For years, I’ve been told not to assume. Assuming, it seems, is assumed to always have negative consequences. I think that assuming has gotten a bad rap.
While assuming the negative is a bad practice and often leads to bad things. Positive assumptions can be an equally powerful force to make good things happen. I’ve found several ways that making assumptions can make you a better leader.
1. Always assume positive intentions. Particularly in a world of email and truncated communcition, we are left too often to determine the tone or intention of a message without context. Human nature generally tends us towards the worst possible explanation when we are left to our own devices. For example, let’s say you get an email reply from someone that says simply “Why did you send me this?” Simple enough question. It would be easy to react defensively to this note. Assuming positive intentions means that rather than spending any time wondering if their response is snarky or intended in a negative way, you simply assume the best intentions. In this case, we would assume the email to be a simple request for clarification or more information. Assuming positive intention would cause you to reply in a way that would be positive. Even if the person on the other end of that email was trying to pick a fight, you’ve now diffused it without even participating.
When you assume positive intentions, you will draw out the best in others. When the people you interact with every day experience this from you, they will actually start acting with better intentions on the daily basis. If you can teach this to your team or the others you work with most closely, workplace drama will almost disappear.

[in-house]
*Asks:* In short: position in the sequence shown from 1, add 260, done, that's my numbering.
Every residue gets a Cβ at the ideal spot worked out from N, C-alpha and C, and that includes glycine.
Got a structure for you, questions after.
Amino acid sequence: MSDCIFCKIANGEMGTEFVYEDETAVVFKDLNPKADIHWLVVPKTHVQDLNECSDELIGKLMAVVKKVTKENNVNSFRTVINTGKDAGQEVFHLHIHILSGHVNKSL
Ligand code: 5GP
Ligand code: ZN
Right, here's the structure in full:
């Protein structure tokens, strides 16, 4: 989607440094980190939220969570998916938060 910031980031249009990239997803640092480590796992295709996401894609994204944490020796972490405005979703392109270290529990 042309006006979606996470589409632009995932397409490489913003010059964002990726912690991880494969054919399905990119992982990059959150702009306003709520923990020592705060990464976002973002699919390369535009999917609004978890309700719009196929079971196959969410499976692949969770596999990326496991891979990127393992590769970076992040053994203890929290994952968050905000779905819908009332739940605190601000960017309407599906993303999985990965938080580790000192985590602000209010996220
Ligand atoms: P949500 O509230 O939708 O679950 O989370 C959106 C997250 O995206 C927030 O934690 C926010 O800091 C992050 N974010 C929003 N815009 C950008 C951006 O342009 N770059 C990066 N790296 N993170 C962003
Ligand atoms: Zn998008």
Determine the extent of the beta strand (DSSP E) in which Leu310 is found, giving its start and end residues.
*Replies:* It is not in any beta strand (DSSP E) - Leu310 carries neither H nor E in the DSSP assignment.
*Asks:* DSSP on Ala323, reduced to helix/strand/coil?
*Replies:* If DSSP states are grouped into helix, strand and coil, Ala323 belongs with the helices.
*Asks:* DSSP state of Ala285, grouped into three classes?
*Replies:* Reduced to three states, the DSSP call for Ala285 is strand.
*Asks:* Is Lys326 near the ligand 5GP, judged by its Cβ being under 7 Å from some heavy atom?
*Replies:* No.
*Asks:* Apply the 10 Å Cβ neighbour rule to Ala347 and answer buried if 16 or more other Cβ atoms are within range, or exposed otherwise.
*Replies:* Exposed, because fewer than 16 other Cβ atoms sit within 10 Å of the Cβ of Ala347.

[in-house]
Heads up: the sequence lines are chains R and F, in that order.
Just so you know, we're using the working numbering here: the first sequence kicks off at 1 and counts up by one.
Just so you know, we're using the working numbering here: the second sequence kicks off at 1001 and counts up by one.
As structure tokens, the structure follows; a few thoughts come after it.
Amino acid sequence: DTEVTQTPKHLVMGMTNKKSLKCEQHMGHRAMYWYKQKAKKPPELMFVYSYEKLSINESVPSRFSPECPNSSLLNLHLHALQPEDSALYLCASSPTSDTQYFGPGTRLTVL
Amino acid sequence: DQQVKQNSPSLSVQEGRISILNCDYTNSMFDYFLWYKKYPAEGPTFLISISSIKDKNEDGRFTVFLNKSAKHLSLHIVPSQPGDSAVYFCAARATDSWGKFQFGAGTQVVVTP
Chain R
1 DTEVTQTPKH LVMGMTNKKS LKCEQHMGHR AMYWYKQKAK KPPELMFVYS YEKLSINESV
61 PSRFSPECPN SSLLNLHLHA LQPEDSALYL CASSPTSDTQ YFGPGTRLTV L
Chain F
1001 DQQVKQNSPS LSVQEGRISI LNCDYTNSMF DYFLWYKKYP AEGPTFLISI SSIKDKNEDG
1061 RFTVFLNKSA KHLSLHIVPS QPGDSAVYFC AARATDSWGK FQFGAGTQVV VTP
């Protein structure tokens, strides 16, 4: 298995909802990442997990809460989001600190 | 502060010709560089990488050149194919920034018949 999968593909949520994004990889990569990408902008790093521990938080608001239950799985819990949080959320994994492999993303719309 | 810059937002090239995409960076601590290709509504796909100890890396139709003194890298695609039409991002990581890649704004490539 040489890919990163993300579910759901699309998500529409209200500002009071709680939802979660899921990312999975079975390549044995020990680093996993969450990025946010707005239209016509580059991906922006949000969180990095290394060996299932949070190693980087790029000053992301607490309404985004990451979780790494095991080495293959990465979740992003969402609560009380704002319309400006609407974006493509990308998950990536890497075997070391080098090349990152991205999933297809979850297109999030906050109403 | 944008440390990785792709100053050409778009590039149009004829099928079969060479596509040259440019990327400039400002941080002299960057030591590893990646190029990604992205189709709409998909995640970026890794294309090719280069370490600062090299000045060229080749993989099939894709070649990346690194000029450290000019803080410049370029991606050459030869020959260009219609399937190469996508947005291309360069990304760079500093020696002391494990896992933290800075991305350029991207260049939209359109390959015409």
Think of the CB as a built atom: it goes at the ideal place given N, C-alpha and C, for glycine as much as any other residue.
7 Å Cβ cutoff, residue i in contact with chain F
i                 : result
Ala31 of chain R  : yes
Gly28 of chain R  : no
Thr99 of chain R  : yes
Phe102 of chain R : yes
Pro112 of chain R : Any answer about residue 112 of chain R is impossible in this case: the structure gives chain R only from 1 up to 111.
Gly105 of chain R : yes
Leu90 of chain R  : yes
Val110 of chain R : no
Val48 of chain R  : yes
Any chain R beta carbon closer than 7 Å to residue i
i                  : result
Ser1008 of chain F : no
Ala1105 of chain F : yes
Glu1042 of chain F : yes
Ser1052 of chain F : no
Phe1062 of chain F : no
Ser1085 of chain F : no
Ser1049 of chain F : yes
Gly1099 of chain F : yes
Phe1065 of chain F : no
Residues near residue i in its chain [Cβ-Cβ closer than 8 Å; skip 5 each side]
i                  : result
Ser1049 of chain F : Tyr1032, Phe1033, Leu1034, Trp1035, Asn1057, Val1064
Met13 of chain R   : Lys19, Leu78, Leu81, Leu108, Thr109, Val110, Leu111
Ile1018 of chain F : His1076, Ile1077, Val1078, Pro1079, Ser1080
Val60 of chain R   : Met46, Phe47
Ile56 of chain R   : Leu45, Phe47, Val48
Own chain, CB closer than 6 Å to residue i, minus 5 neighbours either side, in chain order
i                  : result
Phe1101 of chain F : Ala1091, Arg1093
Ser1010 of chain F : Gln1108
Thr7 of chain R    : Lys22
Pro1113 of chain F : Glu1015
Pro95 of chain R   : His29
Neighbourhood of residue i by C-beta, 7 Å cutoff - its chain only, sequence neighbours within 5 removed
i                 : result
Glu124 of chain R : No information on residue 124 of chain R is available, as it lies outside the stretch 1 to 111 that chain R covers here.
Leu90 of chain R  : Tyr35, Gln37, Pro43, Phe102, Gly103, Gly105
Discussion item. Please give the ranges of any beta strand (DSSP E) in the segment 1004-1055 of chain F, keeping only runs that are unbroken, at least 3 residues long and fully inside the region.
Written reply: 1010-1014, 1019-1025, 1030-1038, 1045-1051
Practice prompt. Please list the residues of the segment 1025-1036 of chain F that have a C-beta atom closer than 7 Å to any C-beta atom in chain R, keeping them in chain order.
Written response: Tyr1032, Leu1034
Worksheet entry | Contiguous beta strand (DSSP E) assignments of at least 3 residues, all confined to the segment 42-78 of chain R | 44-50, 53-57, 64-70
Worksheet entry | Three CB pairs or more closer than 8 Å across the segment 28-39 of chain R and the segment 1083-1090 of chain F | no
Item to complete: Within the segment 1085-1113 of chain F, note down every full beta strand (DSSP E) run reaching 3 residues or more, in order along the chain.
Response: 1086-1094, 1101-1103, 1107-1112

2. Assume that when your people fail, it was your fault, not theirs. Somewhere along my journey, I picked up this leadership philosophy from one of my mentors: “When things go wrong, take more than your share of the blame; when things go right, give away the credit.” When you take the bullet for your team when they make a mistake, particularly a visible one, they will work hard to ensure you don’t have to do that in the future. This doesn’t mean that you don’t hold them accountable, it just means that you take the public blame. Additionally, when your team fails to live up to your expectations, assume that it’s because you didn’t make those expectations clear enough. When you take on this responsibility, not only will you lead better, but those you hope to lead will be more loyal to you because they will see that you hold yourself to the highest standard.
3. Assume that everyone wants to be great, they just haven’t been given permission yet. One of my greatest joys as a leader is giving this gift to people. Every person on some level wants to be remarkable, but they are afraid. They are afraid of failure. They are afraid of the inevitable attention that comes with being remarkable. They are afraid that if they are remarkable once, they will be expected to do it all the time. And they have plenty of people encouraging their mediocrity each day. Be the person who gives them permission to be great. Help them see that failure isn’t fatal and that being expected to be great feels really good. Encourage them to take the risk to be as good as they are capable of.
By assuming these three things, you can become a better leader overnight. Your assumptions guide your actions and by adopting powerful positive assumptions about people, you will become the leader they want to follow because they can feel that you see greatness in them and that you always expect them to be their best selves.